Arthur Larson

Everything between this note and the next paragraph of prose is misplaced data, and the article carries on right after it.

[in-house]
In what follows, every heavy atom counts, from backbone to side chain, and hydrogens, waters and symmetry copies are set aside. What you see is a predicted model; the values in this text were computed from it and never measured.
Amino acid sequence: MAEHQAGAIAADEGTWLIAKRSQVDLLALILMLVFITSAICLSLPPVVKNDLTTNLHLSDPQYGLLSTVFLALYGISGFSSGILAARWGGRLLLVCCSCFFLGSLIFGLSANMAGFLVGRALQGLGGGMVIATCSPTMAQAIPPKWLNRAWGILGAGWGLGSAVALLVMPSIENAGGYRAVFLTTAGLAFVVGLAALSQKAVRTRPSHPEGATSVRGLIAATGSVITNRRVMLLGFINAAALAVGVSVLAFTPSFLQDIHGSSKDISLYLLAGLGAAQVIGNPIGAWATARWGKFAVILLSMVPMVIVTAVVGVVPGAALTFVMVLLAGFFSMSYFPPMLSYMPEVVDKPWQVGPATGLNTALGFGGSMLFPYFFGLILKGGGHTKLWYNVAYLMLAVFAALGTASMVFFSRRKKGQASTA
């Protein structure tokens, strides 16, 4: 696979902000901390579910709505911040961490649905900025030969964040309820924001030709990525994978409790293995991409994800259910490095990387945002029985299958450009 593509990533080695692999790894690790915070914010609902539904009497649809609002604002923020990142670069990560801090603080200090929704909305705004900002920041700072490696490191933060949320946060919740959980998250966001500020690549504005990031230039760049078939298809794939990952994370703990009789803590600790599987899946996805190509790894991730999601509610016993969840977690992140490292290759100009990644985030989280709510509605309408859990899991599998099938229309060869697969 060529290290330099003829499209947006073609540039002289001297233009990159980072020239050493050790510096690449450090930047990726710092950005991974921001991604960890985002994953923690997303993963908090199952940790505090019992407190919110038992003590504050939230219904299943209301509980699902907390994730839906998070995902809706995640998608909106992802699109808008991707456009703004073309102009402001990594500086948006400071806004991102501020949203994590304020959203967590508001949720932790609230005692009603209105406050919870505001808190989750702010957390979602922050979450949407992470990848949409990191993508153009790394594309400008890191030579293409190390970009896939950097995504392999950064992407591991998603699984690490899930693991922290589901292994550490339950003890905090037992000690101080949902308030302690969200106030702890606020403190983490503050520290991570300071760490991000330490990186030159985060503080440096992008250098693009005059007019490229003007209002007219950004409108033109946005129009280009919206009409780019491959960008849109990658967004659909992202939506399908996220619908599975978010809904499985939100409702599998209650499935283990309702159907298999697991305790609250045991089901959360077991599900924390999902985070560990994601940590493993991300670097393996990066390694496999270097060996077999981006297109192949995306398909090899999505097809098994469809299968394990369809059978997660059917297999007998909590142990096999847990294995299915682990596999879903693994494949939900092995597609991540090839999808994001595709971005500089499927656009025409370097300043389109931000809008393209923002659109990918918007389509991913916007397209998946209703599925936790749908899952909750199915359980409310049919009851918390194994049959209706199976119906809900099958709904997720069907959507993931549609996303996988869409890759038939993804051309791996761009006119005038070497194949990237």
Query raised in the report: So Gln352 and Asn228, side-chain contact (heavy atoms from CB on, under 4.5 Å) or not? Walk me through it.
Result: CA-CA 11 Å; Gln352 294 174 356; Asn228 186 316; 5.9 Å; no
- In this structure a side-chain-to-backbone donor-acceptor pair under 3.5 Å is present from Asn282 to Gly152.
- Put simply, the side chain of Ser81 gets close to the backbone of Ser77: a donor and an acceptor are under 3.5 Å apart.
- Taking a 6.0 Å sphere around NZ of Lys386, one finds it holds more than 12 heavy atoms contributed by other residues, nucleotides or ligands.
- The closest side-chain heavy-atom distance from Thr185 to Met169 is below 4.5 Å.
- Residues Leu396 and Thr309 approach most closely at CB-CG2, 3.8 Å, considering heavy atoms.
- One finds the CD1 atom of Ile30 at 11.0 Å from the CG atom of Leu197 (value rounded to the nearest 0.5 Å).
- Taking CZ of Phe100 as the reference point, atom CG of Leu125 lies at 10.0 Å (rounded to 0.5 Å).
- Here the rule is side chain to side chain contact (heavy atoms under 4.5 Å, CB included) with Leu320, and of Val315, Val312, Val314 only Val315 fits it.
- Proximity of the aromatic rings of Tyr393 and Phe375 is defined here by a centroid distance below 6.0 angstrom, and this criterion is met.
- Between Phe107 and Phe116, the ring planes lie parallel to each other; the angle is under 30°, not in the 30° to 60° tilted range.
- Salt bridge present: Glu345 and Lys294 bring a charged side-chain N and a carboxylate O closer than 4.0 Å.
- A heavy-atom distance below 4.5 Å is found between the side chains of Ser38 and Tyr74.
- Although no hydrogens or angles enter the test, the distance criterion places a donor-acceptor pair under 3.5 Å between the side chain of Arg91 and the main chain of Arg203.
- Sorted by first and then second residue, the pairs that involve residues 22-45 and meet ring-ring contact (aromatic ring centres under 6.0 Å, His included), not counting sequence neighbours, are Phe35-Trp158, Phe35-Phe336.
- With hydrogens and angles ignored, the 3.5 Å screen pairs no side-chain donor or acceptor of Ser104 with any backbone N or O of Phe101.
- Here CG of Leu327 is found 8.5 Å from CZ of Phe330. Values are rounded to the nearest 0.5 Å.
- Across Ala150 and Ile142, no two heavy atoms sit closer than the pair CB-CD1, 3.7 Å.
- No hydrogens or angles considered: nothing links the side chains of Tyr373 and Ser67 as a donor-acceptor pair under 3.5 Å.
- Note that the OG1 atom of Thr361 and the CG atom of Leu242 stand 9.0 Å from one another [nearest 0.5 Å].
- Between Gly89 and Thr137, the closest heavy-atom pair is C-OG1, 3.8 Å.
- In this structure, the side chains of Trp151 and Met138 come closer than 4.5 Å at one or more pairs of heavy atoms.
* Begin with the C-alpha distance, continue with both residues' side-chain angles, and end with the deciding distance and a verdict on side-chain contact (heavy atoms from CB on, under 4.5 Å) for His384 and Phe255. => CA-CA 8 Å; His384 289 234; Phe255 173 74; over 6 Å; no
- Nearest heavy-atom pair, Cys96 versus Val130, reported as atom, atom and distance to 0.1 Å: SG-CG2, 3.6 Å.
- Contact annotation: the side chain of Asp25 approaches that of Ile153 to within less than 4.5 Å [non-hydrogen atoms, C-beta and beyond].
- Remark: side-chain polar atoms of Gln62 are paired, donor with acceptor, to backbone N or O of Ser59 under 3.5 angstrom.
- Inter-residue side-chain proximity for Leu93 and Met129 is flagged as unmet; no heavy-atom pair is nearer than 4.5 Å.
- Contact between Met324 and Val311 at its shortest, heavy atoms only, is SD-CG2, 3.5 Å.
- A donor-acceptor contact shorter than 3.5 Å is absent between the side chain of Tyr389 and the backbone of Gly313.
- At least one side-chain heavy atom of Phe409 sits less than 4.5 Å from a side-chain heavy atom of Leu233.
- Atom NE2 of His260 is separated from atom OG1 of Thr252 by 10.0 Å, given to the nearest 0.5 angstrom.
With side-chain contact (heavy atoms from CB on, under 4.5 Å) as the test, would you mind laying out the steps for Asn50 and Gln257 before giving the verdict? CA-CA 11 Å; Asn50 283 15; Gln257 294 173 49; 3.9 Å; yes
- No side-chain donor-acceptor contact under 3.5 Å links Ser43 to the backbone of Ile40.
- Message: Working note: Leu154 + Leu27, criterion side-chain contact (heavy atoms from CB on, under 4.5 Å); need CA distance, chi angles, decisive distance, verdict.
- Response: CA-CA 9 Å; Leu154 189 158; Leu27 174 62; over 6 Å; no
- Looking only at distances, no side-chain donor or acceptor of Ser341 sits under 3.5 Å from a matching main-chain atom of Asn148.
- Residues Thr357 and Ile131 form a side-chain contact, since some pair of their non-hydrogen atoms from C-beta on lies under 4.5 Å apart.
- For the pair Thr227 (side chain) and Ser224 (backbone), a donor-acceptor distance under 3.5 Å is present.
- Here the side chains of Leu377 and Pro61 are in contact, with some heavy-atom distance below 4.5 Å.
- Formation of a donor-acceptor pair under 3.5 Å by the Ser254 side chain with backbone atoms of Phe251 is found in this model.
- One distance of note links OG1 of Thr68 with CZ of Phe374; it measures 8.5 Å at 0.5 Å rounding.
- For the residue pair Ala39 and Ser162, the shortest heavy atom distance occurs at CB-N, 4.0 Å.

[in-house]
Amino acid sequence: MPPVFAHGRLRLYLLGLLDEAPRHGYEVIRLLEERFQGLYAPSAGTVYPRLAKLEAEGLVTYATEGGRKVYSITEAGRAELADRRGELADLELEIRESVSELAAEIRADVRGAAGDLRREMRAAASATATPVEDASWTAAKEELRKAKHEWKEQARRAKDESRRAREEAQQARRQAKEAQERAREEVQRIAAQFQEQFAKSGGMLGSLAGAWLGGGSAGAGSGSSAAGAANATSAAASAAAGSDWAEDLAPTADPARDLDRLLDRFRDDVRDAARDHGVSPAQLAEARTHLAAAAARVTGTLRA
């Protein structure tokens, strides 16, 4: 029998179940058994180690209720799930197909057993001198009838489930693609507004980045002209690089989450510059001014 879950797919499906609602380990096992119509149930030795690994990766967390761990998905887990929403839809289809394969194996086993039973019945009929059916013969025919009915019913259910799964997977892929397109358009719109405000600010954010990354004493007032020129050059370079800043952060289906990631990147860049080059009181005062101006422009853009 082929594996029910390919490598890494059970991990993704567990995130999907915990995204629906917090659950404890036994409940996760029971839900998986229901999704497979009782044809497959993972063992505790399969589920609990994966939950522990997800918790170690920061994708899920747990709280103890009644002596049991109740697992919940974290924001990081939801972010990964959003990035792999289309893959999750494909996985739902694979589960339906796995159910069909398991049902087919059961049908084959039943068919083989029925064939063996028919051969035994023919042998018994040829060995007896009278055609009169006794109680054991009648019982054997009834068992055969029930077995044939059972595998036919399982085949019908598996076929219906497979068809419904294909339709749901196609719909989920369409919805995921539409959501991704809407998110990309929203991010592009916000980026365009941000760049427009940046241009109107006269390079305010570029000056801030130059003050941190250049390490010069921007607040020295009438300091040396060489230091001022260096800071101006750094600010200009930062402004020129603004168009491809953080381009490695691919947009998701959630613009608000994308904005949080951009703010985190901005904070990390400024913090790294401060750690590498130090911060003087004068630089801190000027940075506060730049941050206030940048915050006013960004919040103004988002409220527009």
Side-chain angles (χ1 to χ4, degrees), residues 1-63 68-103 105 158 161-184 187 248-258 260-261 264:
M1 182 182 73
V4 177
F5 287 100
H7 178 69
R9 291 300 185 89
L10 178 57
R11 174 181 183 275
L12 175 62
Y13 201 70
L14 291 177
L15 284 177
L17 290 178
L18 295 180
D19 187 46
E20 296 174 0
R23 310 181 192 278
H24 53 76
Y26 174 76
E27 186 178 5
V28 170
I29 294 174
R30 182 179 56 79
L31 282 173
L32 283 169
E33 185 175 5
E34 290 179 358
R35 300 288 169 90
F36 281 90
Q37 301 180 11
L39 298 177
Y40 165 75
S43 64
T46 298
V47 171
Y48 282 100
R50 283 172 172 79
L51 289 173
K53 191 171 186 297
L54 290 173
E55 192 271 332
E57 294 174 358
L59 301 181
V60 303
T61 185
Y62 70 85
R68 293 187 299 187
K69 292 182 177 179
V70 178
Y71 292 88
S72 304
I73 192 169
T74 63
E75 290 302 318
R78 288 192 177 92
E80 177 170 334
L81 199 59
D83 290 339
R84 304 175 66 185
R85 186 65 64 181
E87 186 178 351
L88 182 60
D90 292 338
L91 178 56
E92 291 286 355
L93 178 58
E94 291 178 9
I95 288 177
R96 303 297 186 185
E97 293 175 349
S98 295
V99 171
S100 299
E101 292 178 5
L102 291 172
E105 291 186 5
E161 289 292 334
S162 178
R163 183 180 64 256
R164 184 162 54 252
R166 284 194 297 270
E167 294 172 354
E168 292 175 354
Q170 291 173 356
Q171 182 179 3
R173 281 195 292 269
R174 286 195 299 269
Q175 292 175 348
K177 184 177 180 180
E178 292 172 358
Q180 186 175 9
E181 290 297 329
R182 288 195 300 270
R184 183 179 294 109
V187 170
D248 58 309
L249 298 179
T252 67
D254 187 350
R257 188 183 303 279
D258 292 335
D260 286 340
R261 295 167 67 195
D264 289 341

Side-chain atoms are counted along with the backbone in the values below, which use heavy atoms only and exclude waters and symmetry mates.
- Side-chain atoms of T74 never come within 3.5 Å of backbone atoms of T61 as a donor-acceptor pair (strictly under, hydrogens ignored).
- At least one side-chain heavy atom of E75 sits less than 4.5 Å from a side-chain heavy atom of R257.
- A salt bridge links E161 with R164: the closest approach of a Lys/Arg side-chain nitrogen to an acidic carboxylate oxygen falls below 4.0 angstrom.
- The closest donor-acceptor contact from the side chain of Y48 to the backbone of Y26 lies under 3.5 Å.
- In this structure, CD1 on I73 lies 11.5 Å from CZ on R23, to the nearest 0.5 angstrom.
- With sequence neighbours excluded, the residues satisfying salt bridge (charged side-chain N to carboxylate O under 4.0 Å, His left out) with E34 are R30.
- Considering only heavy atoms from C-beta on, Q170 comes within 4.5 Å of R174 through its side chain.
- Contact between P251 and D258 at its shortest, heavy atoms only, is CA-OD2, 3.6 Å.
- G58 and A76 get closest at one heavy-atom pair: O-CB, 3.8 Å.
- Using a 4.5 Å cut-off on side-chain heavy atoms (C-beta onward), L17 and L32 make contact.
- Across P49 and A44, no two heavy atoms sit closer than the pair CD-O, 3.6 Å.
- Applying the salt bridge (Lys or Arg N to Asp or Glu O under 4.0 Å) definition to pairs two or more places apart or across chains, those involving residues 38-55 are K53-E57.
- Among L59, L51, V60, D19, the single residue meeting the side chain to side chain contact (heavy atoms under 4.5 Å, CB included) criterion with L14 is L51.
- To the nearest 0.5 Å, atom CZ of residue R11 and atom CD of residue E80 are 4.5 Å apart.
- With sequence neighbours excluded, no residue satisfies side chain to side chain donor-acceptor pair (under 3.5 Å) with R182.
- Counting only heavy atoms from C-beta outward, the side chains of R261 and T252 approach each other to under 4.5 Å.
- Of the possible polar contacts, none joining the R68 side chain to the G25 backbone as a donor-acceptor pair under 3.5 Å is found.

The earliest workmen's compensation statutes in this country typically provided compensation only for industrial accidents. Coverage for occupational diseases developed slowly. There have been various reasons for this lag. One was the opinion in some jurisdictions that, while accidental injuries were known to the common law and could be made the subject of an action for damages, the concept of occupational diseases was a stranger to the lexicon of the precompensation-era common law. To the extent that workmen's compensation acts substituted nonfault liability for the kind of injuries that were potential subjects of fault liability, there was thought to be no place for occupational diseases, which, in the sense of a disease due to the "normal" conditions of the industry, as distinguished from the negligence of the employer, had consistently been held incapable of supporting a common law action. Another occasion for hesitation was uncertainty as to whether a problem as generalized and extensive as occupational disease could be more effectively and appropriately dealt with under workmen's compensation or general health insurance legislation. Finally, the obstacle which has been the most practical and persistent is the argument, discussed later in connection with the prime example of silicosis, that the heavy incidence of certain diseases in particular industries or areas would make their full coverage an impossible burden on the compensation system.